Colour - The More the Merrier

I can't tell you how exciting it is having my own blog now, as opposed to my business blog, because now it means I can take part in all the fun stuff, like memes, writing workshops and now The Gallery. Each week Tara over at Sticky Fingers publishes a prompt, an idea or a notion and the idea is then that you go out and take a photograph using that prompt. And this week the theme is 'Colour'.

Colour is very important to me. Over the past 12 months I have gone through something of a colour metamorphosis, from monochrome caterpillar to luminous butterly! I have turned my back on a wardrobe of dull clothes and replaced it with bright, cheerful hues - pink, turquoise, green, red, purple - the more the merrier.

Not only that, I have also discovered beads! Gone are the days when I would wear a delicate chain or subtle pendant. Now I covet beads - the bigger and brighter the better. So for my contribution to this weeks gallery here are some of my spangly baubles, that rescue even the dullest outfit from the brink of boredom, and never fail to cheer me up.

To find out more about The Gallery take a peek over at Sticky Fingers to find out what it’s all about.

Tuesday, 16 March 2010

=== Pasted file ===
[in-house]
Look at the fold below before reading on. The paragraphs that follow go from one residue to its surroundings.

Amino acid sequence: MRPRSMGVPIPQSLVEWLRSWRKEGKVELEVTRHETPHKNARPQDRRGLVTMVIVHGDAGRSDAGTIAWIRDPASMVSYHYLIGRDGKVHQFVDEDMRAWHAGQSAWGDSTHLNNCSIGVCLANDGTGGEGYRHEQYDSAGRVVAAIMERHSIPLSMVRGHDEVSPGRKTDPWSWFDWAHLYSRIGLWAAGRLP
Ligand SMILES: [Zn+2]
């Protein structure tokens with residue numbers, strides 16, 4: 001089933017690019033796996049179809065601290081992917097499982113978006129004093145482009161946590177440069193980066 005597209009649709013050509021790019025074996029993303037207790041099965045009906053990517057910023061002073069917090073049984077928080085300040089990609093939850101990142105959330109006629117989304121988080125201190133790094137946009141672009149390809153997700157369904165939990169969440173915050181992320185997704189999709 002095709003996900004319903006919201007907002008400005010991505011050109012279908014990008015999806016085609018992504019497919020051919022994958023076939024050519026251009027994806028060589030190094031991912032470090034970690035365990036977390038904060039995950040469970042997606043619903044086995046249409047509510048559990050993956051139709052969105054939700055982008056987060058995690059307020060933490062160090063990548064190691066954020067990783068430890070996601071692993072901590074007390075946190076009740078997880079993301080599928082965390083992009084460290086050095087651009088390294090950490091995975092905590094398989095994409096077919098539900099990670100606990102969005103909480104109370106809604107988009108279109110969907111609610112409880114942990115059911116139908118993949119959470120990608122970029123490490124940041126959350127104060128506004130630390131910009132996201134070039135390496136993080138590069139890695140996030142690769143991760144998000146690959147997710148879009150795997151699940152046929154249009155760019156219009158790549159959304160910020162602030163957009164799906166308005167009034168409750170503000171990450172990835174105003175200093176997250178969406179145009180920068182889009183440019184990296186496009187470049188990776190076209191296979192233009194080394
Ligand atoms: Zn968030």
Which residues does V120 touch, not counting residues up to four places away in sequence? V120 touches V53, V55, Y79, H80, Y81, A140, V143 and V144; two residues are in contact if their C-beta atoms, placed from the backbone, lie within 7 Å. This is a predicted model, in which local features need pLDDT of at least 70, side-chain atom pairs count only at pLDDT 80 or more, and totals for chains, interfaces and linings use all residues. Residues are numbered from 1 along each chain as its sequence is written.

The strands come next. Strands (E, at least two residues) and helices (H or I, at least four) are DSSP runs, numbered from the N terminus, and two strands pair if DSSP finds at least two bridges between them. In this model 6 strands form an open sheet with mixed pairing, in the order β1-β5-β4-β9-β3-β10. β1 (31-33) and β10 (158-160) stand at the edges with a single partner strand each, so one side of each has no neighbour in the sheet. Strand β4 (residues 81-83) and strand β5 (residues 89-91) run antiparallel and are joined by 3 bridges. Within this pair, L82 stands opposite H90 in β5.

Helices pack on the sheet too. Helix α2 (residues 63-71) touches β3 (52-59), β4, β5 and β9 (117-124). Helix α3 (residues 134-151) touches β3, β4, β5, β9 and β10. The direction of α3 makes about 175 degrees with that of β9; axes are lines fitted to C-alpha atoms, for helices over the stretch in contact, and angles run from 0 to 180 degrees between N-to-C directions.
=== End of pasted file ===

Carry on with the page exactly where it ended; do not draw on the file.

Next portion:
The Unforgiven

This is my first attempt at one of Josie's Writing Workshops over at Sleep is for the Weak. For this post I have chosen the prompt "Tell me about someone from you past who you lost touch with and who you often think about. Perhaps imagine meeting them again. What would you say? What unresolved issues would you love to bury?"

There was a time when the white rage that I felt towards you was all consuming. When you first betrayed me. Before that there was a longer time when we were best friends.

We were 9 when we met, remaining friends right through school. At 18 we packed our bags and left home for the same university. When we arrived, the campus seemed so huge I thought I’d never see you again. Little did I know we would spend every day together, sharing the same house for two years.


We shared excitement, fun, gossip, unrequited love, broken hearts, the death of friends. We shared the success of our degrees and our coming of age. And all that time you were the golden star I longed to be.

And so we returned home. Jobs, relationships, illness, life got in the way. You married, then divorced. I had broken relationships, lost babies. But the nights out and the dancing held us together like glue.

Until the night you met him.

Of all the men in all the world, why him? You could have had anyone, but instead you decided to gatecrash my life, hijack my family, and cross a line that no friend should.

And now, when we meet at weddings and funerals, we act like strangers, masking our discomfort with politeness and pleasantries.

The white rage has gone.

All that’s left is a hole.

Monday, 15 March 2010

They Know Me So Well

I was a very lucky girl yesterday, and was given a lovely new cookery book for Mothers Day. To be specific, it was another Cupcake cookery book - but this one takes cupcake baking and decorating to a whole new level!